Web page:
The church asked Catholics to pay for Pell’s defence team, they helped Pell raise money but try to avoid payment to victims. They initially refused to put in an interim care scheme and a lot of the Catholic diocese’ say they ‘intend’ to sign up for the redress scheme, despite lobbying government to cut it down. Something is seriously wrong with this supposedly moral institution. It’s almost as if paedophiles (and alleged paedophiles) are taken care of but not the victims. Jesus would kick these greedy money lenders out of the temple.

“And Jesus went into the temple of God, and cast out all them that sold and bought in the temple, and overthrew the tables of the money changers, and the seats of them that sold doves, And said unto them, It is written, My house shall be called the house of prayer; but ye have made it a den of thieves.”

What the Catholic Church is really worth


Just for one day

Today I want my loud, laughing dad back from “death’s dateless night,” so we can guffaw, have a whiskey, eat too much food, carry on and argue. We’d have the cricket on and talk about the current parliamentary debacle, the Wallabies, travelling in Europe and the heartbreaking turmoil of the people trapped on Manus and Nauru. My dad would be wearing his heart on his sleeve, we would fight about something important, cry, forget about it an hour later and have another wee dram. I want to talk to my dad about his painful childhood, about growing up without a father, about how lonely he was and give him a huge hug because he survived and created a life for us that he could only dream of as a child growing up hungry.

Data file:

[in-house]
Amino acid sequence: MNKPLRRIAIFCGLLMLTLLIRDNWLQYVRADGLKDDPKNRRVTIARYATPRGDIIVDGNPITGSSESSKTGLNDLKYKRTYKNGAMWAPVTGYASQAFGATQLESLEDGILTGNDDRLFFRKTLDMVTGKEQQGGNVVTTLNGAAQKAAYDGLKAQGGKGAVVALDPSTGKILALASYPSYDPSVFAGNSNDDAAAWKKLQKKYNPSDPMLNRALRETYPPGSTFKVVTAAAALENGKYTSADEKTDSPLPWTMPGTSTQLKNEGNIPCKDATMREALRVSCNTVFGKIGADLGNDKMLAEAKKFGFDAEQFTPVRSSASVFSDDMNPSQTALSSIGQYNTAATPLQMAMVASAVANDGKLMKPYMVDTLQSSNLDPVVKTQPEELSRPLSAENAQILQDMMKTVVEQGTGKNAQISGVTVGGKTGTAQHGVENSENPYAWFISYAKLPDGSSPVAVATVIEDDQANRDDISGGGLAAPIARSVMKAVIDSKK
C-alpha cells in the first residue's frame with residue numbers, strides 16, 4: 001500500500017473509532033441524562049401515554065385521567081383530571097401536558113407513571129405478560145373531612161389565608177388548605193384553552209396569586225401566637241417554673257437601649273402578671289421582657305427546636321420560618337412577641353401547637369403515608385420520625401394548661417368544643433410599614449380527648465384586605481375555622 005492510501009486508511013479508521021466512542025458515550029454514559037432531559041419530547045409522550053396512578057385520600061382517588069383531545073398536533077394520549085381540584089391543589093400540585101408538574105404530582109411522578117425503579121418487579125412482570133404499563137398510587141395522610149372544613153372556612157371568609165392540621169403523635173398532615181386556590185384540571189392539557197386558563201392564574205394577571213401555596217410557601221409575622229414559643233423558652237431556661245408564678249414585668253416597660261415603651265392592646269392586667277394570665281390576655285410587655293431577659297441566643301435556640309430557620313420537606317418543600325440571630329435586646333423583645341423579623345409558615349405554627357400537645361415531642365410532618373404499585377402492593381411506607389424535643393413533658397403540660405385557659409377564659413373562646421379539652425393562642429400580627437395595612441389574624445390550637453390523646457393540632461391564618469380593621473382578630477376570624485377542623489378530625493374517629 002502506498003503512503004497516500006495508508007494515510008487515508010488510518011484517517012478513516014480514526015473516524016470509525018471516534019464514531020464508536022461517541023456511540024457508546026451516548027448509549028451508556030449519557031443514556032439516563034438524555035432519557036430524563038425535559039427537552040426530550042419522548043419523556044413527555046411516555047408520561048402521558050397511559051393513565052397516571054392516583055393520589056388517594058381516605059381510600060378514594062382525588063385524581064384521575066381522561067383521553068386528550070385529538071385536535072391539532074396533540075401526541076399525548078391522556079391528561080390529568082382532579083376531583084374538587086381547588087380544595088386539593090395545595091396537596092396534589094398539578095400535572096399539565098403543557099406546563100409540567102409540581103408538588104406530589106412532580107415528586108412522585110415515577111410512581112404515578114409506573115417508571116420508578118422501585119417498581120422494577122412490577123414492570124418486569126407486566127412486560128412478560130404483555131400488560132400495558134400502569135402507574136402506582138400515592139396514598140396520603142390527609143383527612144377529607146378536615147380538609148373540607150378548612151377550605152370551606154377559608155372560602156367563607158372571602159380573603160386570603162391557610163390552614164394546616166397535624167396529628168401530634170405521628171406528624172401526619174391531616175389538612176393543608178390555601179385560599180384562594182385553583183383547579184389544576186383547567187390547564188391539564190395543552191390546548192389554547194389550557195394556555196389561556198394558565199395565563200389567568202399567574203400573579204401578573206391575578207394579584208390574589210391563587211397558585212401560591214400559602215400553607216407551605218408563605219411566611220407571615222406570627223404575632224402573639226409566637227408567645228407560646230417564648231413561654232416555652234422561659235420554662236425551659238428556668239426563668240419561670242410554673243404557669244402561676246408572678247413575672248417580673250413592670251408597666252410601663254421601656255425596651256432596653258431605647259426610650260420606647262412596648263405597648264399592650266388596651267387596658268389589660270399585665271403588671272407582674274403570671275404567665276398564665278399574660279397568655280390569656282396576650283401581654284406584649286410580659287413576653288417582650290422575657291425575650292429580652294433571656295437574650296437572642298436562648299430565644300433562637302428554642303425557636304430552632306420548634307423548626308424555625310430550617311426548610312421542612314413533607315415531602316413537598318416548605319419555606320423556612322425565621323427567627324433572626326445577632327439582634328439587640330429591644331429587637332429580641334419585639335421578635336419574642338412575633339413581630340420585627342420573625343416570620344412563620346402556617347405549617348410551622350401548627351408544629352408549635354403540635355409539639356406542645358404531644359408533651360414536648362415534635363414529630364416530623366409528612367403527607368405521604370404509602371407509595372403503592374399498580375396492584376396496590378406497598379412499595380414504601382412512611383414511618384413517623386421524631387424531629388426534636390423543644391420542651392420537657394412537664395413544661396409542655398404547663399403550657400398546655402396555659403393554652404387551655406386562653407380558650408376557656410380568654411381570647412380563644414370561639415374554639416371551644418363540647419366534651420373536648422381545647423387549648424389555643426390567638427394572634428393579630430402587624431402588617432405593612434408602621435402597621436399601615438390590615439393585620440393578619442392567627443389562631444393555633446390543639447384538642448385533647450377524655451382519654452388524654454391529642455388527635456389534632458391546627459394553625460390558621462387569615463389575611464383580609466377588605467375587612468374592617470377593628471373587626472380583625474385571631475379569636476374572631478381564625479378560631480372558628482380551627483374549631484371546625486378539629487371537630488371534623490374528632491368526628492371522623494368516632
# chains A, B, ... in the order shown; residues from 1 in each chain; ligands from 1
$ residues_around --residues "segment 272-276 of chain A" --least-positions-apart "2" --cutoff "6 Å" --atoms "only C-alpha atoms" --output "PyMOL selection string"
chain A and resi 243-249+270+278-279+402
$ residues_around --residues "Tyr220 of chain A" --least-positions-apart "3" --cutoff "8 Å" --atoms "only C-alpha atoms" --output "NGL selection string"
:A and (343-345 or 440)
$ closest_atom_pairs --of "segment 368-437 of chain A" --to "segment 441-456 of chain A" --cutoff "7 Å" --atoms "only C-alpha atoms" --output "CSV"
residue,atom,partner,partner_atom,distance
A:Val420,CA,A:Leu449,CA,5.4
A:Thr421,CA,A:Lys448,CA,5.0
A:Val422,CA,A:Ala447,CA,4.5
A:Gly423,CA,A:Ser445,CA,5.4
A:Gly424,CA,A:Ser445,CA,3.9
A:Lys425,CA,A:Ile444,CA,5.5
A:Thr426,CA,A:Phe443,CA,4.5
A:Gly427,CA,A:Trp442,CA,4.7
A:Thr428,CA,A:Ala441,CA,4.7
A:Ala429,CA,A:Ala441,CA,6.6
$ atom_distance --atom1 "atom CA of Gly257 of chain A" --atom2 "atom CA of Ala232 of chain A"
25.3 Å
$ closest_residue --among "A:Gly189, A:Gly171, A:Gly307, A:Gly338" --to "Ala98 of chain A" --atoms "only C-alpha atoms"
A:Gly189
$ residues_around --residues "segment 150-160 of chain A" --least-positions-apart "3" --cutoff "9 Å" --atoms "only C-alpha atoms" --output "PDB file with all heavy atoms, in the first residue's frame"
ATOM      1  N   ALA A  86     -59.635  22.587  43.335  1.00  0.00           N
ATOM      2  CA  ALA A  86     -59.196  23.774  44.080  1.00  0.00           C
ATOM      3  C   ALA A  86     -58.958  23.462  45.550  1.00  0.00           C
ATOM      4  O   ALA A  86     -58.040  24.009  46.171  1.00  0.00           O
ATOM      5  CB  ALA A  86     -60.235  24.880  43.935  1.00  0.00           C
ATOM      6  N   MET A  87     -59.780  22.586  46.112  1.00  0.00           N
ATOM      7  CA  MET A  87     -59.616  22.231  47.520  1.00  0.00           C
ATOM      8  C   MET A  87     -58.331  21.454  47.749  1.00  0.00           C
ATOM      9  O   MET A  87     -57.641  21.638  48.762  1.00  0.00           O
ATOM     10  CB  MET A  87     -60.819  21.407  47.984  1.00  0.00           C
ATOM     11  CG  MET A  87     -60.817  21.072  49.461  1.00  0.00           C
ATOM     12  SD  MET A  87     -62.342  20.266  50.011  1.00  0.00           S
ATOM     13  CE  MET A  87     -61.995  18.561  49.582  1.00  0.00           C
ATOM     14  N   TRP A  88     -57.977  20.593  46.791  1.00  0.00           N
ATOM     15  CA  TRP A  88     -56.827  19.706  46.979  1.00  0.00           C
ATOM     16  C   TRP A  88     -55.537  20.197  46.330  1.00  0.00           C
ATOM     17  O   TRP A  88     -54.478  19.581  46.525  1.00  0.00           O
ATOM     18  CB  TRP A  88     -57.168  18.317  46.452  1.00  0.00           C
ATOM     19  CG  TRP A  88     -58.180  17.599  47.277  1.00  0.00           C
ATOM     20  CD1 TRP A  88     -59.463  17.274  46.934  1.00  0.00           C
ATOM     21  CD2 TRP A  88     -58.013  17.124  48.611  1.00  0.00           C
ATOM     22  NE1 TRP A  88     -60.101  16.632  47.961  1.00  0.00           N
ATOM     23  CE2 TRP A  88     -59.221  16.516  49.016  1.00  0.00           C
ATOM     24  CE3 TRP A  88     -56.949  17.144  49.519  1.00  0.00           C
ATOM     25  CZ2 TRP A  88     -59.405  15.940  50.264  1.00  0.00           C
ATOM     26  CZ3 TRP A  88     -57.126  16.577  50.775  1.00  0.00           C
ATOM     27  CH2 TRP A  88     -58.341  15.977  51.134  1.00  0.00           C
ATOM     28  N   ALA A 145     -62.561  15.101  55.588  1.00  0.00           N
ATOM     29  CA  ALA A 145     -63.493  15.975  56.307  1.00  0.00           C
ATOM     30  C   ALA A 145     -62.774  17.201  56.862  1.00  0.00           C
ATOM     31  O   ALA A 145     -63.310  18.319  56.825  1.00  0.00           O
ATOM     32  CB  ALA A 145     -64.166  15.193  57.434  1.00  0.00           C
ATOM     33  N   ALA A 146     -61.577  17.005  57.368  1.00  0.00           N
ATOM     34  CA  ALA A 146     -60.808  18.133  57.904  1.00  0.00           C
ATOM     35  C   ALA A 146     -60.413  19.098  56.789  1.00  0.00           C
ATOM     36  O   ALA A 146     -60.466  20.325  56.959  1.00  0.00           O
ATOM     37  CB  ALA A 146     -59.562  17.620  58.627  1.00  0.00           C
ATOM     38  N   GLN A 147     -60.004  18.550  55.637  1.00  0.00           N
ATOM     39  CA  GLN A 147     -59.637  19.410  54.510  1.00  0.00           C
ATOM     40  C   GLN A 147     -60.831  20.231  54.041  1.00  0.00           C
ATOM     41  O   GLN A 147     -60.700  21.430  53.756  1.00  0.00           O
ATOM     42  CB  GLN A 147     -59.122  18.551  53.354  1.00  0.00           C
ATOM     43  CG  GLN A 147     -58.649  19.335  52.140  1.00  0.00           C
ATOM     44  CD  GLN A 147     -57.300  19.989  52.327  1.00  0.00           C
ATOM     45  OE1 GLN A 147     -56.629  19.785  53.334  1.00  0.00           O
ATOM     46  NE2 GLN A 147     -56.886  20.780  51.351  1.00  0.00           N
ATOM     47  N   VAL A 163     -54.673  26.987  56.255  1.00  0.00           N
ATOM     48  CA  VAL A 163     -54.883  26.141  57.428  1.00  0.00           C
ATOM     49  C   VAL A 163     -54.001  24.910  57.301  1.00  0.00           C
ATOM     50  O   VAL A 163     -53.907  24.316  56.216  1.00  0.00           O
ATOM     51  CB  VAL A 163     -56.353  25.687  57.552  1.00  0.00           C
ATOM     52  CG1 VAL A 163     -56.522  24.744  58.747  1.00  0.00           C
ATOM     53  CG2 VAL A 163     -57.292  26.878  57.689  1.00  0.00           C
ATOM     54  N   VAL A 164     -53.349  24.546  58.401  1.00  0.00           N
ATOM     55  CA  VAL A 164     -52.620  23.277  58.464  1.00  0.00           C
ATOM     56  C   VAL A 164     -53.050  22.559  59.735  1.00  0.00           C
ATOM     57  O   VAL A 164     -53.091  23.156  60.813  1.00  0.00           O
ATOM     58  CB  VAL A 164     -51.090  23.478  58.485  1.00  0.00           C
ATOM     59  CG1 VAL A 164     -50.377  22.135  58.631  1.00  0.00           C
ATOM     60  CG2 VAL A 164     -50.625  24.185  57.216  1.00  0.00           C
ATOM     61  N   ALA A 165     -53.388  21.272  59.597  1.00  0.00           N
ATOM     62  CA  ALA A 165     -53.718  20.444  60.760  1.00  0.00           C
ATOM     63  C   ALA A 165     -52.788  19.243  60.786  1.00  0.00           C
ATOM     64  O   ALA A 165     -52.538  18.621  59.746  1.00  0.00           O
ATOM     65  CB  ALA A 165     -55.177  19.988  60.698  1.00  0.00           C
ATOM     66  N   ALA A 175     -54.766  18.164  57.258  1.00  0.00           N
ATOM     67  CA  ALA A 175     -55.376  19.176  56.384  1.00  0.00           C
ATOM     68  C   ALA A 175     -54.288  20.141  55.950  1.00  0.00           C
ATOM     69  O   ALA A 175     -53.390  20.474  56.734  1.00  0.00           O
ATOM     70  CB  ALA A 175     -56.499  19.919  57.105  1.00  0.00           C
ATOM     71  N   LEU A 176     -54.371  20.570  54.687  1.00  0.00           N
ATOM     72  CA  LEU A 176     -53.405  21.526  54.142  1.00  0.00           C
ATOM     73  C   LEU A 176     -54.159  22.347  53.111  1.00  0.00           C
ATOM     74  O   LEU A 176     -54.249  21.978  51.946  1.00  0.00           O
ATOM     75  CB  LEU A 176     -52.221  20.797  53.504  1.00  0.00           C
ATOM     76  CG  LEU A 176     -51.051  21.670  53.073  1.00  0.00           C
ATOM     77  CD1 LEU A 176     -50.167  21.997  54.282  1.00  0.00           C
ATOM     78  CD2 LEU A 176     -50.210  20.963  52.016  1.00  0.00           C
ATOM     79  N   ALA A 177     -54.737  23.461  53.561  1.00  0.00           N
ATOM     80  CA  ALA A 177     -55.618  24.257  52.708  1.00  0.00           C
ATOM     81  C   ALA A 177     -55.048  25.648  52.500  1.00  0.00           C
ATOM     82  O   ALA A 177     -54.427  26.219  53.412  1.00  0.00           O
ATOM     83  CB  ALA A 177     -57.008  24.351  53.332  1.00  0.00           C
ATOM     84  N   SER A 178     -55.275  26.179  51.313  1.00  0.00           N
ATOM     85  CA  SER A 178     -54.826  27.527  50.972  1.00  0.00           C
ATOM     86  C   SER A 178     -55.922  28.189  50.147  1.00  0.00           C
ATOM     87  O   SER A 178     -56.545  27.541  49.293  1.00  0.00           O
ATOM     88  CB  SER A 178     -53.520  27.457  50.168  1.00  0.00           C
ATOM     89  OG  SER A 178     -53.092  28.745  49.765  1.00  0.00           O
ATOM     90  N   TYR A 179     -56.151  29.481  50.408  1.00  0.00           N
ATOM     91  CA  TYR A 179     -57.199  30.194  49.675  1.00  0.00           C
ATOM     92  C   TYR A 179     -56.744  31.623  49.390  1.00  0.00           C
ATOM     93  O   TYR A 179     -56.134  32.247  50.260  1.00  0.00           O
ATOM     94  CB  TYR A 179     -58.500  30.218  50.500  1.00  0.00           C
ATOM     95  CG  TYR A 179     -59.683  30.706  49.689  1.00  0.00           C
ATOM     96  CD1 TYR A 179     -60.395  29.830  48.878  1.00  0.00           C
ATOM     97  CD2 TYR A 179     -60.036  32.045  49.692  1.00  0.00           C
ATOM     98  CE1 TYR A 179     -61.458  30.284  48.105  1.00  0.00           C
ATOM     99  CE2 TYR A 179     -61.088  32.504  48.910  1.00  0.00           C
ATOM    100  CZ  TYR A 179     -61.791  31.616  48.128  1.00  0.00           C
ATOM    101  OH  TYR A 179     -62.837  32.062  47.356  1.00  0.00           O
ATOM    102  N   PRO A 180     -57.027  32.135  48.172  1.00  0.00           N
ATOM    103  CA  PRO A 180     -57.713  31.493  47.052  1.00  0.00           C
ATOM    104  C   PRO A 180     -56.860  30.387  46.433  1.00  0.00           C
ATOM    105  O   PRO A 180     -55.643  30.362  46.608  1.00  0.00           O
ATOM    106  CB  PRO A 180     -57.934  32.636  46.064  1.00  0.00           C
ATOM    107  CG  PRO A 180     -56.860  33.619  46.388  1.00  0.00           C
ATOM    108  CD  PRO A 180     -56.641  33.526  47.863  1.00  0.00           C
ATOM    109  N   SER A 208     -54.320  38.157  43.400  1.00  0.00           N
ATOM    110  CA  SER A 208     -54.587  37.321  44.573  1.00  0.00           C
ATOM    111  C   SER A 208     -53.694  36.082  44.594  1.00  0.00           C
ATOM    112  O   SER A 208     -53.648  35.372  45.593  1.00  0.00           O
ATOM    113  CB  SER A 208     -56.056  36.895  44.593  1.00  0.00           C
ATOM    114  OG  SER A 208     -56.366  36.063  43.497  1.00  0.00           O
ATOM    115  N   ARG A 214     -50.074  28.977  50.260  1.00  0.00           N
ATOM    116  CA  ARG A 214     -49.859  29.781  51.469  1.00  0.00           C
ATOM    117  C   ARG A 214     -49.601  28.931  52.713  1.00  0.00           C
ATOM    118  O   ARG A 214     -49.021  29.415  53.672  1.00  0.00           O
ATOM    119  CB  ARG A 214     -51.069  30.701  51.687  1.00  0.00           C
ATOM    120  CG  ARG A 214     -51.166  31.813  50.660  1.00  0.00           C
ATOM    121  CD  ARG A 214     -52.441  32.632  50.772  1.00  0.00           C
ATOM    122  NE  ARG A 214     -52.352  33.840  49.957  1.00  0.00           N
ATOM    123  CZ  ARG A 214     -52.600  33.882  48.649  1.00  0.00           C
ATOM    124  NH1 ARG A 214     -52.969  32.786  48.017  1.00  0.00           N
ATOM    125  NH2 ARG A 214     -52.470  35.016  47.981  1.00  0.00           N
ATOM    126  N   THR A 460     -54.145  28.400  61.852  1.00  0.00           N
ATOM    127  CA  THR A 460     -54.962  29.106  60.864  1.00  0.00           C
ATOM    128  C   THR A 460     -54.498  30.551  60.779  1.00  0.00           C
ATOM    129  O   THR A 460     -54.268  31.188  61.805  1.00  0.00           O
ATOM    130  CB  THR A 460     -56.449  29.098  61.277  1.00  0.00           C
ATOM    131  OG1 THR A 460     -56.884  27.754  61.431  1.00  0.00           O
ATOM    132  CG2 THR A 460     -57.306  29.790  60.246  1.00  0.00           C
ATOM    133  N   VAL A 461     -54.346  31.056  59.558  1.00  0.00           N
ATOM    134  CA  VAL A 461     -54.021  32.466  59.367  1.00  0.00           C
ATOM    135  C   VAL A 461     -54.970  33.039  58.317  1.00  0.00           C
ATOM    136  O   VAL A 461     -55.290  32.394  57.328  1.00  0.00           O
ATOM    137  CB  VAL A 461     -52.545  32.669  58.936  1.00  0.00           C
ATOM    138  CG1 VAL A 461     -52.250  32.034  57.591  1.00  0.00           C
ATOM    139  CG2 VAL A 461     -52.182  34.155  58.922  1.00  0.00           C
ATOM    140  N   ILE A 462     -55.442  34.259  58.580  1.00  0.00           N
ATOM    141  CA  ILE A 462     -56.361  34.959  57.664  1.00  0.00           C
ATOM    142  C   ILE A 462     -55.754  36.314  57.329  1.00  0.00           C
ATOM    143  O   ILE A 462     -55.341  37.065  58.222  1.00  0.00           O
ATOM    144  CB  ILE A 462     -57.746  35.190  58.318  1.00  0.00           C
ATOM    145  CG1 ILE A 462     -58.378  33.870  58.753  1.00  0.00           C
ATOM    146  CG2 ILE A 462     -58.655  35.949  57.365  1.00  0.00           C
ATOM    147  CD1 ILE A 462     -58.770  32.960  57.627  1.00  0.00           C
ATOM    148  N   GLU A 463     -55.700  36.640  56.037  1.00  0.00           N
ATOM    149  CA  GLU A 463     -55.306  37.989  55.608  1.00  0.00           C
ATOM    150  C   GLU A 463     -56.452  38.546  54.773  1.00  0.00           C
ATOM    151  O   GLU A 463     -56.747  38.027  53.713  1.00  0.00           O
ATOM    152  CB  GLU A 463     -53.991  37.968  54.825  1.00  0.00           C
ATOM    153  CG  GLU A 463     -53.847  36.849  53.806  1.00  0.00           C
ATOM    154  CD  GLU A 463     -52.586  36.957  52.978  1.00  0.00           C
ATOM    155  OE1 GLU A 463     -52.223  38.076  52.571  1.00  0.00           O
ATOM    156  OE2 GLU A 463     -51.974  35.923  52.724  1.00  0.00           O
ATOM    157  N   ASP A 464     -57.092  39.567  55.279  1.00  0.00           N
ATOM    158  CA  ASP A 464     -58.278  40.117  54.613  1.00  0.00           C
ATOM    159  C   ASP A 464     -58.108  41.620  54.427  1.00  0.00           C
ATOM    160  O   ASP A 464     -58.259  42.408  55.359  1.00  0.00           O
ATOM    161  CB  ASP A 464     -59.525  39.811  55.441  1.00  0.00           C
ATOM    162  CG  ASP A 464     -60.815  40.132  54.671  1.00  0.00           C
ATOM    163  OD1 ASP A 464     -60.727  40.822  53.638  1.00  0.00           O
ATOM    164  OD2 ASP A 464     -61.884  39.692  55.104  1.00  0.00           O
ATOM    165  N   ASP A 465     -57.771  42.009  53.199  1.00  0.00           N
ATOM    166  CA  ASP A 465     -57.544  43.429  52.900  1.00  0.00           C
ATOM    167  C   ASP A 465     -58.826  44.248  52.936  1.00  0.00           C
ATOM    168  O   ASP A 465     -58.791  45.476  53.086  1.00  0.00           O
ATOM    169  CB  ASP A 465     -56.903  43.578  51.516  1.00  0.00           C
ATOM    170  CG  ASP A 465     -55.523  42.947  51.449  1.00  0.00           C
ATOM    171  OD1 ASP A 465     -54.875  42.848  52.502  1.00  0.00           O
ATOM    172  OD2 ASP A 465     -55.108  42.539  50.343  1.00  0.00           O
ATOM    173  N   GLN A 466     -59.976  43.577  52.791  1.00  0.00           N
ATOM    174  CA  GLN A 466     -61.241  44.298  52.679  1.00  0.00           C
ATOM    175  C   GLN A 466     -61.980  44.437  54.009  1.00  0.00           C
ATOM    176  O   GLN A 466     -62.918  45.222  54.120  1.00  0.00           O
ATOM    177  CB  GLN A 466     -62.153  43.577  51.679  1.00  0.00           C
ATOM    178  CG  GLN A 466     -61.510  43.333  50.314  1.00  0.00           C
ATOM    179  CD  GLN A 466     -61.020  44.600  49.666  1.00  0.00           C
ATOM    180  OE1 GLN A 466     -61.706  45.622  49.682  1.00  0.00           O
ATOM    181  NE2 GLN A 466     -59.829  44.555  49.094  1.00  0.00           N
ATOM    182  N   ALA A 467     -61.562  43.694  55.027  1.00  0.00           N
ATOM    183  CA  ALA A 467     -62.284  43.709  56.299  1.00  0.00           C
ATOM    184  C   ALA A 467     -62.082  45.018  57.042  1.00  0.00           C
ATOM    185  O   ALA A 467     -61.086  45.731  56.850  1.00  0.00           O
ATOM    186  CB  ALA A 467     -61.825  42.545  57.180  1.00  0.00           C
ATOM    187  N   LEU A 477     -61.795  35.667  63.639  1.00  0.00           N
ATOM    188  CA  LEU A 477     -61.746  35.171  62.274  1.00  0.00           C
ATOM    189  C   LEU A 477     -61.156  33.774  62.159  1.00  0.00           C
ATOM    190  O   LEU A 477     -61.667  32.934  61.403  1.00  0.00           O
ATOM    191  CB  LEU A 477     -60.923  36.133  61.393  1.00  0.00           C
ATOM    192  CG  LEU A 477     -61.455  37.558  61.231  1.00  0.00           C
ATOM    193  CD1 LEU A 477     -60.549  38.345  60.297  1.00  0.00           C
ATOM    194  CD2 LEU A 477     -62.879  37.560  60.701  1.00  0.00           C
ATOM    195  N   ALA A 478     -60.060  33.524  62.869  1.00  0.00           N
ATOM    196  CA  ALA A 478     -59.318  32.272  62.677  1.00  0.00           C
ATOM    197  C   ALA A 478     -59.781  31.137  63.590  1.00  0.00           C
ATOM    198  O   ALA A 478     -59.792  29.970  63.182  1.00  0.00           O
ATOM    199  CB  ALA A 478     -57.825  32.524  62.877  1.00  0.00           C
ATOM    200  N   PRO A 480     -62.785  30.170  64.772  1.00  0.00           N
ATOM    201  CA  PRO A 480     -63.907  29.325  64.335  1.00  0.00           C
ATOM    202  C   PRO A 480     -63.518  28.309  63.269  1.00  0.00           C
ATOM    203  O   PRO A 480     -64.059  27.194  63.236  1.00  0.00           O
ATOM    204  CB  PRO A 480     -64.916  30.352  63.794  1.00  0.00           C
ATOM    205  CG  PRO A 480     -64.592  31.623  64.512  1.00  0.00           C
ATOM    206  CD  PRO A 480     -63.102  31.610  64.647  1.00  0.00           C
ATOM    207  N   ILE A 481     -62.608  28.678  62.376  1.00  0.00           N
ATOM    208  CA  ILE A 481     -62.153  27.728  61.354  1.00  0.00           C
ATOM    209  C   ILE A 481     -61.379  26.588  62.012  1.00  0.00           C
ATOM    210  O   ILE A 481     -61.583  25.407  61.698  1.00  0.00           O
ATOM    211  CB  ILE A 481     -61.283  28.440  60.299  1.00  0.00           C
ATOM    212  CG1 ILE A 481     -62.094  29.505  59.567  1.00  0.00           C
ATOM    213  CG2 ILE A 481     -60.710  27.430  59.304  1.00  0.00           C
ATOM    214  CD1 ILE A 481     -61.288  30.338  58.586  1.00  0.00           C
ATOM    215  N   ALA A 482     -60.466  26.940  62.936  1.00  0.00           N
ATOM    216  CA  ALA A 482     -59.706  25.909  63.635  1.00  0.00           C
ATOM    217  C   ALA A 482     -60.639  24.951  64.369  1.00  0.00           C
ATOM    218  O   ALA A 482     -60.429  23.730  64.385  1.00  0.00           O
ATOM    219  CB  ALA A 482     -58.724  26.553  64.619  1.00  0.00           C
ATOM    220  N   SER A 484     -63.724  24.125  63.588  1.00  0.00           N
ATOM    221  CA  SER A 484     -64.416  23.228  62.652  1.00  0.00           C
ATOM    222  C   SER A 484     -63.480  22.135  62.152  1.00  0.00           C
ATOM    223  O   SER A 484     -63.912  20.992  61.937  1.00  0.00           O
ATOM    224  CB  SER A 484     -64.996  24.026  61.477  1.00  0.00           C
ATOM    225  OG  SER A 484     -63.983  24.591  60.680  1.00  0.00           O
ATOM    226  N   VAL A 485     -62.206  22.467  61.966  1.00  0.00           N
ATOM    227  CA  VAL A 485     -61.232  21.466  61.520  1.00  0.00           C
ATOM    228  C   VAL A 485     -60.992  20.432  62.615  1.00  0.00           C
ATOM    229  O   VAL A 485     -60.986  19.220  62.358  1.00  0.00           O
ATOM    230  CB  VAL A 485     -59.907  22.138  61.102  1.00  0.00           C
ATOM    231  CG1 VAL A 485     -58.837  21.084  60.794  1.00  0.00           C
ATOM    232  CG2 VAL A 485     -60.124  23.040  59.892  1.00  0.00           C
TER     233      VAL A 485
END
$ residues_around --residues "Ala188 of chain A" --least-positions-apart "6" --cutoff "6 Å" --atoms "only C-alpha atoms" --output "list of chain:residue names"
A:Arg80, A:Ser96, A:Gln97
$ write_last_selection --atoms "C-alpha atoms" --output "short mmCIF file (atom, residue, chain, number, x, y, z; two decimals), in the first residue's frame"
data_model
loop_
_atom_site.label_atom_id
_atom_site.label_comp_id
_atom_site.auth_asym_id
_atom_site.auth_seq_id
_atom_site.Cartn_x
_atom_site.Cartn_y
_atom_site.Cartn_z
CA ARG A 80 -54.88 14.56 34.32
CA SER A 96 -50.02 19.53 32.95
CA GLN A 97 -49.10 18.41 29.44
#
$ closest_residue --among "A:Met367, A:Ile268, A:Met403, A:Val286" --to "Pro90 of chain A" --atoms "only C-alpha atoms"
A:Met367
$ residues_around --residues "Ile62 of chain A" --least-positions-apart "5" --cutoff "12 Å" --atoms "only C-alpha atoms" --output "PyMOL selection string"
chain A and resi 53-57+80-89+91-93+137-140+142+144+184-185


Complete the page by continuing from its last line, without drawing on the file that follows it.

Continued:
I inherited your devotion to books, your sense of humour and your belief in the beauty of our fellow humans. It’s been 16 years and I miss you today and every day Jack Ernest. Wish you were here…

“Your love will live in my heart…”


Smothering Sunday

Today I’m thankful that I still have a mother, but if we’re going to have a day to celebrate mothers, please don’t ask me to:

Bake a cake for a fundraiser

Select a nanna scarf for me before I’m a grandmother

Volunteer for any initiative to improve the lives of already well-off people

Mend garments or

Clean up after babies

Also please don’t:

Buy me ugly socks

Make me a ceramic thingy that I’ll smash

Give me any more craft

Advise me to take vitamins, colonics, miracle cures or go for a run

Rescue another animal for me

Suggest helpful ways to brighten my floors